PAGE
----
Our Christmas present one year was a birdbath designed by Zach Zamora of Variance Design. We wanted it tall enough to be somewhat safe against stray cats. Zach’s renowned for his sustainable, living ecosystems in museums, science centers, zoos, and aquariums, along with with unique garden art. He understood how to create progressive levels for insects and birds small and large.
The outermost ledge is a bee beach where they can sip without drowning (bees can’t light on water). At nightfall, I fill it back up for morning’s splashing birds, leaving that ledge clear. By late afternoon, so many birds have swooped out enough water that the bee beach is even wider.
It’s the bees’ watering hole between meals, like on fat and fluffy mountain laurel flowers.
Bees are seeing red (or pink) to feast on redbuds catching our eyeballs all around town. Horticulturist Greg Grant says that genetic diversity is why we see such a color range. The owner of this tree said that his started out dark pink/red and gradually faded.
Not to be outdone, Lady Banks rose is showering flowers, even on curbs where it’s resided for years without any babying.
This is one tough cookie, I’ll tell you.
Mine is hiding a chain link fence, out of reach of the water hose. I’ll shape it up after it blooms—this is one rose you don’t want to prune in February.
So, have you ever planted something that’s a mystery a few years later? This narcissus popped up on slender jonquil leaves between bearded irises.
Greg Grant told me that it could be ‘Pipit’. Hmm—did I ever get one? Not on my spreadsheet, but you know how that goes.
Anyway, it shows up every year, here with native golden groundsel (Packera obovata).
Here’s the most bizarre thing! A few years ago, a leafy thing showed up among my plumbago and shrimp plants. I thought it was a bird food plant, but I left it alone. Then one year it sprouted branches.
You never know what you’ll find during winter cleanup: maybe those Felcos you lost last summer! When I cut things back recently, I discovered that the mystery plant’s a tree, obviously a Prunus of some type.
Who knows where it came from or what it really is, but obviously, it’s a survivor that’s claimed its home.
The only mystery with native spiderwort (Tradescantia gigantea) is what color it comes up with this year or where it lands. This one pleases the bees while Yucca gloriosa ‘Variegata’ maintains structure for its ephemeral companions.
I don’t have much luck with Euphorbia rigida, since it rots in heavy duty rains, but since it’s been so dry, this potted one did its spring thing against a muhly grass I’ve yet to primp.
So, you know how pets love a newly turned bed with its soft composted soil. This Waco gardener (her story on CTG this spring) solved the problem with leftover chicken wire from her cute coop to deter scratching cats.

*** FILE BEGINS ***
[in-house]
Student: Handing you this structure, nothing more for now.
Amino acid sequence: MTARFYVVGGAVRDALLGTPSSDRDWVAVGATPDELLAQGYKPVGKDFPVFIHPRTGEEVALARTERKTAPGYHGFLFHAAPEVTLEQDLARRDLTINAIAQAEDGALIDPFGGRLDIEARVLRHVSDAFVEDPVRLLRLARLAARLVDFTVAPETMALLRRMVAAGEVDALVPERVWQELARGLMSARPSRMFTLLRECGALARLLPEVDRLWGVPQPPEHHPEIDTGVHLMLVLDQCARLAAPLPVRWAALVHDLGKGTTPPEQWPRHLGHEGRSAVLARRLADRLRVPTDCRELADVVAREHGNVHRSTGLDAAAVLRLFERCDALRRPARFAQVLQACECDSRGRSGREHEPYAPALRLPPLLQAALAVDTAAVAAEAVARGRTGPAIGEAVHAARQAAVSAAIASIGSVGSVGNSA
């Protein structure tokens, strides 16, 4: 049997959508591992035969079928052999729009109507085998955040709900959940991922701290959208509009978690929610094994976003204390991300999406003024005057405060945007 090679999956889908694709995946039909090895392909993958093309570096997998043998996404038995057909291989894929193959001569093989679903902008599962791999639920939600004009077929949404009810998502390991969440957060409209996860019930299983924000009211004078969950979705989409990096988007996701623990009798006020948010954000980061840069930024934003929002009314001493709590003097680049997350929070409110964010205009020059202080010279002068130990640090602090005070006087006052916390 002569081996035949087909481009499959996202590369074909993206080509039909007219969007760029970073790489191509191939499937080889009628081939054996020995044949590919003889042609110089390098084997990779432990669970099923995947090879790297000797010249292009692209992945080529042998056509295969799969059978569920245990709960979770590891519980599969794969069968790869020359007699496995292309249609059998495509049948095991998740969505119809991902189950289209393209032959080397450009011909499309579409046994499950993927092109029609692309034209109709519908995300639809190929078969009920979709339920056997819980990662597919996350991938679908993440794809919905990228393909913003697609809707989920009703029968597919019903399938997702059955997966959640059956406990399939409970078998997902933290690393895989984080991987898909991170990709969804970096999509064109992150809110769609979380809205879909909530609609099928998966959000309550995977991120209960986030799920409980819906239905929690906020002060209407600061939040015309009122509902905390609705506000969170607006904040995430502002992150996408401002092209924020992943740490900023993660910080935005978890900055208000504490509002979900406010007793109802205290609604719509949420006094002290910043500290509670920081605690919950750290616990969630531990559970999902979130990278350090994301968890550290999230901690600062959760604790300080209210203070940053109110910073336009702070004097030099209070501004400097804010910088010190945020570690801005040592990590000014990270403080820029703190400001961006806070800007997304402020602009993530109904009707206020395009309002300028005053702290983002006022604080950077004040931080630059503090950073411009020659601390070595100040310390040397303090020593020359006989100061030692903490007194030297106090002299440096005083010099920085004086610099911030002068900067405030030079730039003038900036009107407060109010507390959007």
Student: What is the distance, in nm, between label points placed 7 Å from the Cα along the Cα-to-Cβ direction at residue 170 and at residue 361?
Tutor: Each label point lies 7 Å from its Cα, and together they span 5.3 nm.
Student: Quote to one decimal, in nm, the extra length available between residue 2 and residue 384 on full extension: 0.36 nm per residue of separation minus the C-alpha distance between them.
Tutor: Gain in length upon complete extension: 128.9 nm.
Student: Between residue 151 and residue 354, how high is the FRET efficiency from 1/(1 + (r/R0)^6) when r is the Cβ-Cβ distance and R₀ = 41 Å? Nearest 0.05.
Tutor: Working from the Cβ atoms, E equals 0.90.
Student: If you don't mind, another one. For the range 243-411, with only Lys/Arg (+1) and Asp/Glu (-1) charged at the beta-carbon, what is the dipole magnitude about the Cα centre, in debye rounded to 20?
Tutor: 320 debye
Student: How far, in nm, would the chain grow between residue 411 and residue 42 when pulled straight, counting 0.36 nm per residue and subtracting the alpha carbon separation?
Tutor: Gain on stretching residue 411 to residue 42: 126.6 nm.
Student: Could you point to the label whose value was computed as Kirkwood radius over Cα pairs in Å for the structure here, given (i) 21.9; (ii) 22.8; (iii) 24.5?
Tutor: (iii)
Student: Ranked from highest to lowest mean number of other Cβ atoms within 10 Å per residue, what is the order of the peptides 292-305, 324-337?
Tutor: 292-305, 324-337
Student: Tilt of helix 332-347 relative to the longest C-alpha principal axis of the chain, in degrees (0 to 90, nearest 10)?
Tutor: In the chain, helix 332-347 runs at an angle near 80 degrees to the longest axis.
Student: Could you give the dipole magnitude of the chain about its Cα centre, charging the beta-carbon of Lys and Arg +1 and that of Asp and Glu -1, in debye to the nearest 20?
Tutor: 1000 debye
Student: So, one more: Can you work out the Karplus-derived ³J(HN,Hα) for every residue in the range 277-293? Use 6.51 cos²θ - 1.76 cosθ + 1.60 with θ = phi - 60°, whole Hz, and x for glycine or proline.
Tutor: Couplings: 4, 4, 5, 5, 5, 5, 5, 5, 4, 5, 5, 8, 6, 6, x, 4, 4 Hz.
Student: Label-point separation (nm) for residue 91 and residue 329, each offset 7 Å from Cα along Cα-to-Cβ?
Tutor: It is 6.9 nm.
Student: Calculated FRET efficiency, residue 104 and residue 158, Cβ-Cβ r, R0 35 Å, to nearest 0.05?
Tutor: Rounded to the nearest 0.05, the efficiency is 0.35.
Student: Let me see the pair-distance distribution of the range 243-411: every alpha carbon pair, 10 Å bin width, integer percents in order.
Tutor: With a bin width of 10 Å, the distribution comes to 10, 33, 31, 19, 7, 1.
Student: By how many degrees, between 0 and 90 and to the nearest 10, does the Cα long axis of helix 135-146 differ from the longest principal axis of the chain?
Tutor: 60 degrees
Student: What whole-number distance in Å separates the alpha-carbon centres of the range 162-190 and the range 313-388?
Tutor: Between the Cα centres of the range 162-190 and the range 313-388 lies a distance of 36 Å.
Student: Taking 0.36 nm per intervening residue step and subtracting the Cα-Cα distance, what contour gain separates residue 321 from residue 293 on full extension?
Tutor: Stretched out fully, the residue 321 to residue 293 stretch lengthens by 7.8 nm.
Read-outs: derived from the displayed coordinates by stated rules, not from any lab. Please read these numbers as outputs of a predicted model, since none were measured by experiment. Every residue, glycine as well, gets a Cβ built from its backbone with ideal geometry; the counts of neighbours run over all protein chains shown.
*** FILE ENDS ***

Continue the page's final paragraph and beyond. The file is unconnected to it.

She removes it once seedlings are mature and the cats leave it alone. Since snails find their way in, she crumbles eggshells around new plants to fend them off.
This time of year, if you blink, you’ll miss something new. In just a few hours on Sunday, baby blue eyes popped open under native golden groundsel (Packera obovata). Perennial companions are growing back in after their winter haircuts.
Some plants are taking their time to show up, but it looks like everybody made it through fine, even firecracker fern.
My abutilons fared well, too, in their warmth against the house.
So, be patient before digging up anything. Established roots fare much better in drought and freeze. Despite the warm temps, the soil is still cool in mid-March. Give your plants time to rally ‘round.
Agave celsii took a hit once again, but I’ll saw the damaged leaves off as I always do. I love this plant, but it does not like temps below 25°.
Jerusalem sage will be flaunting flowers any minute. But, this one’s taken over the path, so I’m going to see how grumpy it gets when I move it. And yes, I made the mistake of miscalculating mature size when I planted it!
Little Spring starflowers (Ipheion uniflorum) guard the pathway without claiming ownership.
Dutch iris sings the blues to Narcissus ‘Erlicheer’.
Every spring, I thank the people long ago who planted a bit of beauty that endures for generations, like early-blooming bearded irises often called “Grandma’s Flag.” Maybe these were planted by newlyweds who got divisions from their grandmothers.
I’m glad that later owners didn’t toss them, like Iris albicans, also called “white flag” and “cemetery iris.”
Thing are busting out all over in my garden, even though spring’s officially 3 weeks away. Mexican plum opened this week to a chorus of bees replenishing food for whatever hive they call home.
Narcissus ‘Marieke’ made another comeback since I planted them in fall 2014. I highly recommend this yellow, trumpet-shaped cultivar for Central Texas. Supposedly, it’s even resistant to deer!
‘Erlicheer’ is just as reliable but this one’s sweetly perfumed. In our little showers, one found a handy prop on silver germander.
Leucojum aestivum is one of the hardiest, easiest bulbs to grow.
Without any assistance, in a few years they’ll form a miniature grove of winter greenery that explodes with thimble-sized flowers in February, despite their common name “Summer Snowflakes.”
I’m about 1/3 of the way through the winter cut-back since my garden time is limited. I whack back the durable natives first to show off the bulbs I’ve tucked underneath.
By the first day of spring, when these early narcissus fade, the perennials will be speeding up to cover those nourishing leaves.